UK’s biggest opportunity from battery waste is to feed its cathode manufacturing industry


  • Re-processing scrap from the scale up of UK gigafactories could generate up to 20,000 tonnes of cathode active materials that can be reused, capable of making 7GWh of new batteries, equivalent to 100,000 cars. 

  • By 2040 recycled battery waste from end-of-life vehicles could supply enough cathode materials to produce 60GWh of new batteries. 

  • Cathode active materials make up ~50% of the total cell cost, containing critical metals that can be harvested from production scrap and retired batteries. 

  • Battery producers can build a viable circular value chain to benefit from recycled material feedstock. These can be produced at a lower carbon footprint than mined materials. 

  • The EU Battery Regulation proposes that from 2030, all new batteries must contain 4% Nickel, 12% Cobalt and 4% Lithium, by weight, from recycled materials, with higher targets from 2035. 

  • Cathode active material suppliers are well placed to deliver battery quality materials from waste by working closely with recyclers and harnessing material recovery technologies like hydrometallurgy* and direct recycling**. 

Batteries of the future need large quantities of Nickel, Lithium and other materials to supply the growing electric vehicle (EV) market.

Recovering battery materials is critical to making new batteries and can be produced at a lower carbon footprint than mined materials. Battery producers can build viable circular eco-systems to harness the manufacturing scrap to build new cells.


The Advanced Propulsion Centre (APC) calculates that manufacturing scrap from the scale up of UK gigafactories could generate up to 20,000 tonnes of cathode active material (CAM) that can be reused, based on UK production capacity reaching 90 GWh by 2030. [Demand for gigafactories in the UK]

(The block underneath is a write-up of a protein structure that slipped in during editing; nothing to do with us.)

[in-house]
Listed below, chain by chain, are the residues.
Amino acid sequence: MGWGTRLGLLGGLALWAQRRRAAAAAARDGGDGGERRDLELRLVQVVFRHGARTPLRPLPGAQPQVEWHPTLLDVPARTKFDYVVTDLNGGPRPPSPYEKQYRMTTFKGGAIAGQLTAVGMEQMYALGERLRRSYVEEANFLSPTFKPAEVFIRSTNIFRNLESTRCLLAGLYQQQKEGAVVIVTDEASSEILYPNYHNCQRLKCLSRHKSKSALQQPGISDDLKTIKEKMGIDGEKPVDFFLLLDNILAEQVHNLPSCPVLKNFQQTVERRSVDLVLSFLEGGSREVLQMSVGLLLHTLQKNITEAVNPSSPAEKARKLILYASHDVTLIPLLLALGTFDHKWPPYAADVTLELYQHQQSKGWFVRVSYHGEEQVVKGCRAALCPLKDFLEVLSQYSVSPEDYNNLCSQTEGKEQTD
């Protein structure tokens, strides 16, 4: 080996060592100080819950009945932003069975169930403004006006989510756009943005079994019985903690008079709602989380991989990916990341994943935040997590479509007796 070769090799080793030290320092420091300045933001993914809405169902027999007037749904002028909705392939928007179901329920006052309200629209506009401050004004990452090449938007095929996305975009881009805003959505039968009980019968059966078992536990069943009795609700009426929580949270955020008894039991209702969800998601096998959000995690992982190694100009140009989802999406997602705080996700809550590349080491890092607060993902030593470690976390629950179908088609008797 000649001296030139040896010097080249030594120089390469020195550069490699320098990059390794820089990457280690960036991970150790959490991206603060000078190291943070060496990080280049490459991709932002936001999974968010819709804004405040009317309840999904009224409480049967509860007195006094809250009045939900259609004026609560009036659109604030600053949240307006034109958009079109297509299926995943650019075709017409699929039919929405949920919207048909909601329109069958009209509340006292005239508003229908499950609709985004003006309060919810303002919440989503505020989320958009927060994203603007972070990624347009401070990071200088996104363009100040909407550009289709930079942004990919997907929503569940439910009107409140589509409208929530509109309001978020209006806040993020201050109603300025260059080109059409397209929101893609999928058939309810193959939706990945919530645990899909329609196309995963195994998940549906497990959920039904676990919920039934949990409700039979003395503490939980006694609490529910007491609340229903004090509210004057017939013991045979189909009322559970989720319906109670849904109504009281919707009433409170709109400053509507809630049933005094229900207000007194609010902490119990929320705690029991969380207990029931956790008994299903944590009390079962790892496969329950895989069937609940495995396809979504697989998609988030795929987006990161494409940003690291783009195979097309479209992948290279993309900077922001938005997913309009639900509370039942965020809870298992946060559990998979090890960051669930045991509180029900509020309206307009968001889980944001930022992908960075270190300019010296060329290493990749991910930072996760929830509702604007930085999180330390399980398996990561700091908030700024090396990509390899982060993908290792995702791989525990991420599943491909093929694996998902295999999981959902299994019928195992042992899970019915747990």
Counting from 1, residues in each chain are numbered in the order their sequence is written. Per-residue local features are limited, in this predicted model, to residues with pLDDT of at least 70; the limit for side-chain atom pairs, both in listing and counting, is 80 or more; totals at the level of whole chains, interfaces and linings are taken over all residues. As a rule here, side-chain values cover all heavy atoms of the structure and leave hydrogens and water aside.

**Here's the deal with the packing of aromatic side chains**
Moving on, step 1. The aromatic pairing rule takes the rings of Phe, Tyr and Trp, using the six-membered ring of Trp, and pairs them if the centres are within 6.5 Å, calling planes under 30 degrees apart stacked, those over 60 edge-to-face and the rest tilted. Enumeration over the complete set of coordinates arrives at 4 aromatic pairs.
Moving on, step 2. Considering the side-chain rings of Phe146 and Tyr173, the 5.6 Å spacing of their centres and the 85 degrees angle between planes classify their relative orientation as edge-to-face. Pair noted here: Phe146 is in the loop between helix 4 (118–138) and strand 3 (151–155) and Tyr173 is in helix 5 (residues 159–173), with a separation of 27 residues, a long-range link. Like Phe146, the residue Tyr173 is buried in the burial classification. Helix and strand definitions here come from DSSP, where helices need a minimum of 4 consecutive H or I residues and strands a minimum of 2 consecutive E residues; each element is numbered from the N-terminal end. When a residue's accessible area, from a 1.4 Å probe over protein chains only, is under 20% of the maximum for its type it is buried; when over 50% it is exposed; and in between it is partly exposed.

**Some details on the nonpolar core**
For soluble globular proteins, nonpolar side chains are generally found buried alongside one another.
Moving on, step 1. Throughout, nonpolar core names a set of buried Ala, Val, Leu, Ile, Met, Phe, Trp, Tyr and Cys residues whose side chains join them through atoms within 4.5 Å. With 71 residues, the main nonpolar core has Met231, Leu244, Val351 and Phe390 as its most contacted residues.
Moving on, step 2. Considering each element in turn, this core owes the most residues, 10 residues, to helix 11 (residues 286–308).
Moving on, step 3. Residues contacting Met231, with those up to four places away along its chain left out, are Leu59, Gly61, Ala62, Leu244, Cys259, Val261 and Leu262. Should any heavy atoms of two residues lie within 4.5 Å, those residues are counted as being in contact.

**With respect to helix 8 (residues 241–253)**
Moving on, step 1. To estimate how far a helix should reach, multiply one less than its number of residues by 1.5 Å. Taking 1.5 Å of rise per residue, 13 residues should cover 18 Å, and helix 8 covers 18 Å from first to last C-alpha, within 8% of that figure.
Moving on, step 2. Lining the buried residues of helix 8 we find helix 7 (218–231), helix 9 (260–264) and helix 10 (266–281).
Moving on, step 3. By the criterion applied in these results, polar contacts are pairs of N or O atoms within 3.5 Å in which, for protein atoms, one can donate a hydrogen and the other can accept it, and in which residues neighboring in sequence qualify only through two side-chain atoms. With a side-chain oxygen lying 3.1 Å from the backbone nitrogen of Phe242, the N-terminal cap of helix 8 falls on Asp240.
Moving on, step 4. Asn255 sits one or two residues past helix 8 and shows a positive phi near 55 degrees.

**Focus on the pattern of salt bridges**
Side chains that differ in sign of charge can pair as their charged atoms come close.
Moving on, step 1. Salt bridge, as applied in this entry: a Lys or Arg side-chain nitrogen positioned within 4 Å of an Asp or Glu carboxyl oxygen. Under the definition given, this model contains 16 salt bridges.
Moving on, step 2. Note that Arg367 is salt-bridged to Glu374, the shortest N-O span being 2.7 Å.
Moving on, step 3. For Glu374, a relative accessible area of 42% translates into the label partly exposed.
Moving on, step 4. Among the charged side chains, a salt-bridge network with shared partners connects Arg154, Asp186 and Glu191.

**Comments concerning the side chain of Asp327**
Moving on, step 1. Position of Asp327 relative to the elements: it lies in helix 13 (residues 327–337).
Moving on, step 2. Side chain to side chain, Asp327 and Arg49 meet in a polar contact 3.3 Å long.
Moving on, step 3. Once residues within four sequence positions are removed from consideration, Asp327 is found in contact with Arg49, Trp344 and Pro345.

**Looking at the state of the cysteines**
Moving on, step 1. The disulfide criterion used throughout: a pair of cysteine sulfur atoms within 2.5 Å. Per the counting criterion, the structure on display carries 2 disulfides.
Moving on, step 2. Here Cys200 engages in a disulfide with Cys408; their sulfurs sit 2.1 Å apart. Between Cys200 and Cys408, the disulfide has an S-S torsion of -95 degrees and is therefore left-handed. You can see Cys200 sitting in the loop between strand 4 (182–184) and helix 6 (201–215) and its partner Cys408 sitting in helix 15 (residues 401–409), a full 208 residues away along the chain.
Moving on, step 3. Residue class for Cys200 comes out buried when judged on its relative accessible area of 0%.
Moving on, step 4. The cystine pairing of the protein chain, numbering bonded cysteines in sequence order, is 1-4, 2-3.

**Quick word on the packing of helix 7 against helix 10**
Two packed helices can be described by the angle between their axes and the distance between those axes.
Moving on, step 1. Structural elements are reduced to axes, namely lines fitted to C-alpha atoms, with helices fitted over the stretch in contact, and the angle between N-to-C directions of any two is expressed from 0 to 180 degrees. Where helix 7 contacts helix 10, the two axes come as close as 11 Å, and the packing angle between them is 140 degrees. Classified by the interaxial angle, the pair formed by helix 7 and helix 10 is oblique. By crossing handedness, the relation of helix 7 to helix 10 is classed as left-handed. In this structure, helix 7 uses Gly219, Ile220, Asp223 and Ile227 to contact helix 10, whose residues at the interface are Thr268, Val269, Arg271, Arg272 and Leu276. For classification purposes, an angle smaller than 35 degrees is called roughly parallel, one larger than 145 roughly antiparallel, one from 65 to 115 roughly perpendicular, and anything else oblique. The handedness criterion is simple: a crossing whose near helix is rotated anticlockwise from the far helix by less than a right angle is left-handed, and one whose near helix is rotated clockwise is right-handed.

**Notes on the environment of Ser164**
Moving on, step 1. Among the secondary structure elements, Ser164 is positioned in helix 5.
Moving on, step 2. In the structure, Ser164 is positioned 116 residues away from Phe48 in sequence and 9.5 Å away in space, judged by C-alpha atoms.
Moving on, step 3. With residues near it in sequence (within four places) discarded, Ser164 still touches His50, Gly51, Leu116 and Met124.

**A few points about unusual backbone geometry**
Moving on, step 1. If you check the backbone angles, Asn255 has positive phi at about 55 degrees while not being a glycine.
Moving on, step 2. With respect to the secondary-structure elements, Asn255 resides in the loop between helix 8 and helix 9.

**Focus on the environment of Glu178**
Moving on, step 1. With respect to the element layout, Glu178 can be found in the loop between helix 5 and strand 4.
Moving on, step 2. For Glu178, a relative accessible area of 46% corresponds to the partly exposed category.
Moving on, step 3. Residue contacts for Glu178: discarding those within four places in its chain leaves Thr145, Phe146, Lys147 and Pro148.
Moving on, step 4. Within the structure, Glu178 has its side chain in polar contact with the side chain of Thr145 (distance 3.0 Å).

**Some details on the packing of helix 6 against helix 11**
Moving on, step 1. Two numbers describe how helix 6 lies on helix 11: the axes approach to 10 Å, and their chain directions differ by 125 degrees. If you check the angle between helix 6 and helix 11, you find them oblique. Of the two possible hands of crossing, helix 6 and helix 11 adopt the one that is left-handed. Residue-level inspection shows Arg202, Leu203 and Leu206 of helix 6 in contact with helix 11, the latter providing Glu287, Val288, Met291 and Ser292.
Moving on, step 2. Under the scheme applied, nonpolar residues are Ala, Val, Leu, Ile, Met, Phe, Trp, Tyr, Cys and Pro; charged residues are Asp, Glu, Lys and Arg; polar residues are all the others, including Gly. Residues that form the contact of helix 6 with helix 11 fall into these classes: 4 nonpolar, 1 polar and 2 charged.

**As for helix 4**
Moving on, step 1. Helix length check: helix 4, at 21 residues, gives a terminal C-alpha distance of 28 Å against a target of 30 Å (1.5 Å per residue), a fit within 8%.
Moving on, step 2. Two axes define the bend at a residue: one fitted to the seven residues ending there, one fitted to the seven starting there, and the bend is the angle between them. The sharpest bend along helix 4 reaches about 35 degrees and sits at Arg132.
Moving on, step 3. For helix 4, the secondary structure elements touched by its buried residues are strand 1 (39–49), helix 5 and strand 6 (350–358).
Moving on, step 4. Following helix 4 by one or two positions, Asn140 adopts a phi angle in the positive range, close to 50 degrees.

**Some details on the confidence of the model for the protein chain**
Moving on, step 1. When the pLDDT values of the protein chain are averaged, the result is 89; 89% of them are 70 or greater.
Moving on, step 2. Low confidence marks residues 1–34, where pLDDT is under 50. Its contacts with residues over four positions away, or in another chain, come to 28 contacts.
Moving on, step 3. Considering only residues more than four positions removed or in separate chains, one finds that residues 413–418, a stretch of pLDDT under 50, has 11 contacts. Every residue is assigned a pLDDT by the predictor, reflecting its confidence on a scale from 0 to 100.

In addition, when you include vehicles that have come to their end-of-life (EoL), it’s estimated 28,000 tonnes of battery waste could be reusable. So there are real opportunities to recover critical battery materials from recycling (see graph below).

When we get to 2040, EoL vehicles will make up the majority of the battery waste, totalling 235,000 tonnes from vehicles and production sites in the UK (see graph below). This could supply enough CAM metals to produce 60GWh of new batteries. Strategic recovery of these materials is key to a sustainable and net-zero focused EV industry.

Cathode active materials make up 40-50% of the total cell cost, depending on cell chemistries. Metals like Nickel, Cobalt and Lithium can be recovered from processed scrap local to the plant, saving on logistic costs and creating supply circularity and environmental benefits.


How does the EU Battery Regulation impact production and recycling?

In the future, recycled materials will be even more important to battery producers. The recently announced EU Battery Regulation proposes all new batteries sold in Europe from 2030 must meet the minimum threshold of 4% Nickel, 12% Cobalt & 4% Lithium, by weight, of recycled materials. Higher are thresholds are planned from 2035.

With EV batteries lasting more than 10 years on most vehicles, the supply of retired batteries is limited in the ramp up of EV adoption to 2035. This constrains the amount of recycled metals available from EoL vehicles alone in the short term. The above recycled content thresholds seem achievable if the EU Battery Regulation accommodates battery production scrap as well as end-of-life batteries.

NOTE: These figures are based on EoL retirements and battery production in the UK. We expect the situation to be similar across the whole of Europe.

To close the circular economy loop, local CAM manufacturing is key. It would further help to make the UK automotive and battery industry sustainable, both from an environmental and economical perspective. These are key objectives of the APC and Automotive Transformation Fund (ATF).  


* Hydrometallurgy is the process of extracting metals using liquid processes (as opposed to pyromethallurgy which involves high temperatures). Hydrometallurgy has been shown to enable recovery of more of the cathode active materials than thermal processing.

** Direct recycling involves removing and reusing components in such a way that they can be reused without the need for further complex processing.

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